In Jump Fall Fly, Lehla and Anthony Eldridge-Rogers, parents, coaches and creatives argue, from their own experience, for the right of children to pursue their own interests and learning through natural curiosity, play and joy.Their children's learning and education is led by the children themselves, driven by their interests, their passions, and their own innate problem solving abilities. Respect, democratic principle, equal dialogue, collaboration and kindness replace coercion, instruction, disciplining, obedience, competition and fear mongering. To bring about this family journey they navigated from schooling to homeschooling and then to unschooling. A challenging, counter intuitive, courageous proposal for abandoning our mainstream education system and systems of teaching, Jump, Fall, Fly suggests we need to abandon a broken unfixable system that is causing misery for children. It shows how doing this is, counter intuitively for many people, a joyful and fulfilling way to prepare children for the future world approaching at breakneck speed. At the same time there is more laughter, less toxic stress, better adult child relationships and a happier family life. All parents are confronted with a dilemma when they have children.How do they face up to the reality that almost all schooling institutions are not fit for purpose? And what is that purpose when it comes to raising children? In short, preparing them to live and thrive in a world that will be utterly changed again over the next 20 years and beyond. But more than that it is becoming increasingly clear that schools, schooling and the constant crack of the competitive educational whip are causing untold misery for many children, robbing them of childhood before it is hardly established.That theft starts when children's own natural curiosity and desire to learn is quashed by the demands of the system as they are told to sit still, pay attention, pass tests and learn, not what they are interested in but that which has been prescribed for them. As soon as we can, we start to imprison their minds within curriculum and targets and anxieties. And the irony piled high on all this coercion and stress is that most of what we are still teaching children in those curriculum's will be obsolete or unusable within the next few decades. If the educational system can claim anything consistently it would be that it is masterful at evoking a destructive axis of boredom and anxiety accounting for the increasing levels of mental health problems in young people. Play, that vital natural force has been relegated to being a tolerated indulgence and even then stripped of its childish pleasure by being over regulated with anxiety about all kinds of risk. Jump Fall Fly sets out the 7 keys to pursuing a free and unschooling way of life and explains why they matter. All the insights arise not from educational theory but from actual practical parenting. It is quite one thing to debate these ideas, many of which people agree about but quite another to plunge the whole family into a new way of life that the mainstream just is not ready to accept.This book offers companionship to parents making these changes and offers support through identification of both the challenges and the solutions. The benefits are overwhelming with childhood, as a natural period of life unencumbered by overbearing responsibility, protected. As importantly, the questions about how to navigate the future are developed out of a discourse between adults and children, led by the children. Jump Fall Fly is a courageous, thought provoking book and ultimately a call to action for all parents willing to take a clear-sighted look at the world around them and to set their children and themselves free from the fear based acceptance of a broken educational system. In this way it shows how we can contribute as parents to building happier, more fulfilling lives for children.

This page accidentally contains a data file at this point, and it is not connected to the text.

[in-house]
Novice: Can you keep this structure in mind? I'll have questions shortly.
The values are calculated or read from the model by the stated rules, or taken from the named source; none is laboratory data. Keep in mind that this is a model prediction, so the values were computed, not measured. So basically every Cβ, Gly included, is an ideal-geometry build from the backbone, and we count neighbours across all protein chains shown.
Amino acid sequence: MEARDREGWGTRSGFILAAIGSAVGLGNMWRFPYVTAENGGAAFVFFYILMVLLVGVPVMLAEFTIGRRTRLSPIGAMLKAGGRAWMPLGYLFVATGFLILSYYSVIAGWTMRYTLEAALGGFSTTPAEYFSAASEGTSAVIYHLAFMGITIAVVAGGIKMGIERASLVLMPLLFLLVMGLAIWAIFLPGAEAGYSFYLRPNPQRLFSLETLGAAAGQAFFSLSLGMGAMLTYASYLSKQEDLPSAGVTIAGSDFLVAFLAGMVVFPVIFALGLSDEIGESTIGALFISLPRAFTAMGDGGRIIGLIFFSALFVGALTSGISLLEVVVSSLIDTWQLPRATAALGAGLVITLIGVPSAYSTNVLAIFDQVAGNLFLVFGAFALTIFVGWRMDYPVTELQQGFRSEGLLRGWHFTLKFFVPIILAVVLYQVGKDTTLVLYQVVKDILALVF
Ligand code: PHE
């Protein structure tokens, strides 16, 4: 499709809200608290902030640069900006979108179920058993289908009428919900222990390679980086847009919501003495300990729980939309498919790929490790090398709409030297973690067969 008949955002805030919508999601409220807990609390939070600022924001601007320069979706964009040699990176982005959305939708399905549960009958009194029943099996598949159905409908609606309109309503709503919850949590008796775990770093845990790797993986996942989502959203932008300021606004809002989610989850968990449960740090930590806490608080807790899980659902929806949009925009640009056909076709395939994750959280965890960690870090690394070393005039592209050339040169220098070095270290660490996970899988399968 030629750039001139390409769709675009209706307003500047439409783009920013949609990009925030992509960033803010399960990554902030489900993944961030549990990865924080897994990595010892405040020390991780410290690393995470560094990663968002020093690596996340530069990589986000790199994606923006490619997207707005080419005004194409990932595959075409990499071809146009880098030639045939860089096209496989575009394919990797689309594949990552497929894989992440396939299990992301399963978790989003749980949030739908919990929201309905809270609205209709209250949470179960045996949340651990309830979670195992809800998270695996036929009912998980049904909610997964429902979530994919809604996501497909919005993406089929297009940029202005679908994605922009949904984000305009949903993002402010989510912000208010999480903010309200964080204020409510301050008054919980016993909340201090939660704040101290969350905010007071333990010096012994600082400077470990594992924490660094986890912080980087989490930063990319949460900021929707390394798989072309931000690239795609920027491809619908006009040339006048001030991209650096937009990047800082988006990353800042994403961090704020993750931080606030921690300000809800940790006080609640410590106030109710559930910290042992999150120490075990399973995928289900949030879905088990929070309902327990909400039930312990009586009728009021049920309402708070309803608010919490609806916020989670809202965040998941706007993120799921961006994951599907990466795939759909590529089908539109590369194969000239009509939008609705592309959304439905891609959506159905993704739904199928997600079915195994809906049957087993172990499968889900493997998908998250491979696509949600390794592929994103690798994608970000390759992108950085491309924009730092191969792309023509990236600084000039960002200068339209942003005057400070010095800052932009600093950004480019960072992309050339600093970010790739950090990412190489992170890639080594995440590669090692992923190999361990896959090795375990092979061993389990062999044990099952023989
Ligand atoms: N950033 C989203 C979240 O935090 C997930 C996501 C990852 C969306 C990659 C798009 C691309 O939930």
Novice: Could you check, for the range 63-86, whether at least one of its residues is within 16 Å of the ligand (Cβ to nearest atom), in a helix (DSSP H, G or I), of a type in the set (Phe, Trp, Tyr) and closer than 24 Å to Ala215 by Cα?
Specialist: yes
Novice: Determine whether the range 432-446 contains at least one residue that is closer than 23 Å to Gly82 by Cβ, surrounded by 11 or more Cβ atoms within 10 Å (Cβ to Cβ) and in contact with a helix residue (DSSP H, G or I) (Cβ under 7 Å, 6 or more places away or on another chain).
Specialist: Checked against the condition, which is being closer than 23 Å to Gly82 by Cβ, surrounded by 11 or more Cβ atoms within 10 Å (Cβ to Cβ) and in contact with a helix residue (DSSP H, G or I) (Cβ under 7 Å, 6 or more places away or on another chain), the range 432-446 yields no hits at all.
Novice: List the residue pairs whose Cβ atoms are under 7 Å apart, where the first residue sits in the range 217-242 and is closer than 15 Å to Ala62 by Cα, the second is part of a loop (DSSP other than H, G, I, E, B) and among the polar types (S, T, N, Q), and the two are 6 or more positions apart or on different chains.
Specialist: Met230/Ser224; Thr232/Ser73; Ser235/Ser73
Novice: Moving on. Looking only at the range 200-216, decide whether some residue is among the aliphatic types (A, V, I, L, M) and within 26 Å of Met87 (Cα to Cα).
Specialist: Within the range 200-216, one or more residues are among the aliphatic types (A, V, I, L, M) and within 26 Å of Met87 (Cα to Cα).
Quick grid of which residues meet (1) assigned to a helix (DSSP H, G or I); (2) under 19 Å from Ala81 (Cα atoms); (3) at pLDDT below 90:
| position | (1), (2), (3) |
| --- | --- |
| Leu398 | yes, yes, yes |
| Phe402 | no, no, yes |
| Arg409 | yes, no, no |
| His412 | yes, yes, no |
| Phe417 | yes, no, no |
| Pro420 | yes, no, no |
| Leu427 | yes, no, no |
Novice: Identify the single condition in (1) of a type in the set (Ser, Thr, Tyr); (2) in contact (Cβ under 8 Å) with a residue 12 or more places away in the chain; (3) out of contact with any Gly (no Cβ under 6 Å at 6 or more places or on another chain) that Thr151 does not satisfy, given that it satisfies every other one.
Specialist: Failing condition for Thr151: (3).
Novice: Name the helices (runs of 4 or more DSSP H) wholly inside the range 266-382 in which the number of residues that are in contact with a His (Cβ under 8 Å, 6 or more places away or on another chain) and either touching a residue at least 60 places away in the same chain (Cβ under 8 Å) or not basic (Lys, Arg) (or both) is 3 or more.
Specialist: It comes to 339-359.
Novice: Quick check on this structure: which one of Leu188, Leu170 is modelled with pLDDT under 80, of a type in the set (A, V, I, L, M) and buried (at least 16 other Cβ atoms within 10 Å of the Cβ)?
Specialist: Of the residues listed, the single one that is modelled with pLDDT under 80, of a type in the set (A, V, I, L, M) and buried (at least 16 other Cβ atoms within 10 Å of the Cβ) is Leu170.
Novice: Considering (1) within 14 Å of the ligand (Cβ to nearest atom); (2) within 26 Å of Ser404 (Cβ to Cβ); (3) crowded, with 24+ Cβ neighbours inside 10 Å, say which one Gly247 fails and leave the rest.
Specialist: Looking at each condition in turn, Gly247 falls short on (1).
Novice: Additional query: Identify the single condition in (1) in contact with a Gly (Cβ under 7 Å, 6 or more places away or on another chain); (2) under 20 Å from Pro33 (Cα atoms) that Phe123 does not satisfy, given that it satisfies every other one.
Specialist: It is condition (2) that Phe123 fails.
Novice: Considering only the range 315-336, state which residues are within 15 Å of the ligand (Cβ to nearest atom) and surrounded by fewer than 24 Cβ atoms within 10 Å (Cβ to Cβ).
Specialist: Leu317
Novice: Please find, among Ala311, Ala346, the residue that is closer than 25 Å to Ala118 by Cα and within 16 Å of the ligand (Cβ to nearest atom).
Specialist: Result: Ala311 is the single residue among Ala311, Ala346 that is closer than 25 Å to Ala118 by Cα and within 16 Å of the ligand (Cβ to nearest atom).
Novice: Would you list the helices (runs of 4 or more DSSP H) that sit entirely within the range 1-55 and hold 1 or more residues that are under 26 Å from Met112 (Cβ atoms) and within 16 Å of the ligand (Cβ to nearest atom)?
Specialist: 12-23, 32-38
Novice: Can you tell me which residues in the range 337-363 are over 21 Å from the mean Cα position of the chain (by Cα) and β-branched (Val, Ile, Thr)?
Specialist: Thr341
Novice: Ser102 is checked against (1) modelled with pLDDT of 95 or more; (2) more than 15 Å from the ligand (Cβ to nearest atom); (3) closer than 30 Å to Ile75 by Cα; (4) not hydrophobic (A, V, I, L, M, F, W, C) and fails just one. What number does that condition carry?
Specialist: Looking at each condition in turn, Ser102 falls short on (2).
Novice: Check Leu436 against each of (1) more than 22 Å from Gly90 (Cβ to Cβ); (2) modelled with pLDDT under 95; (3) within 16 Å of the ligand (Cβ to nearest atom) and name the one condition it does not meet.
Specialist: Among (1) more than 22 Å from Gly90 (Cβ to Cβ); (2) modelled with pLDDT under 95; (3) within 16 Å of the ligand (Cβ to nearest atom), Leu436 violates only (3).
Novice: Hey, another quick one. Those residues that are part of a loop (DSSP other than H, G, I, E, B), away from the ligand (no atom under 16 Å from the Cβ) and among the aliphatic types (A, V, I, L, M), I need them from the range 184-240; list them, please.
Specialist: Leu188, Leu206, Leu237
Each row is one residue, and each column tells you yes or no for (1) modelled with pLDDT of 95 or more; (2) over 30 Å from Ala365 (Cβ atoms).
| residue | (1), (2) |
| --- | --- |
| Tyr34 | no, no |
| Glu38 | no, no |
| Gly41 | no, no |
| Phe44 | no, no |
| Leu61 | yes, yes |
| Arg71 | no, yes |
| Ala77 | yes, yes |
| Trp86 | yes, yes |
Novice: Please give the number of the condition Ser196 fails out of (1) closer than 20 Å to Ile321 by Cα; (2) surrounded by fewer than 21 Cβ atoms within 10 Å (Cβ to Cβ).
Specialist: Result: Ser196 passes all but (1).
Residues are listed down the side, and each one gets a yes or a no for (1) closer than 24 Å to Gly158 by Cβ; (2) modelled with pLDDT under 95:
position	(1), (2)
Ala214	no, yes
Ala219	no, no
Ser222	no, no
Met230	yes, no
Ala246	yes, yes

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JUMP, FALL, FLY, from Schooling to Homeschooling to Unschooling based on 0 ratings. 1 reviews.
I really enjoyed this book. Definitely follows our path into unschooling.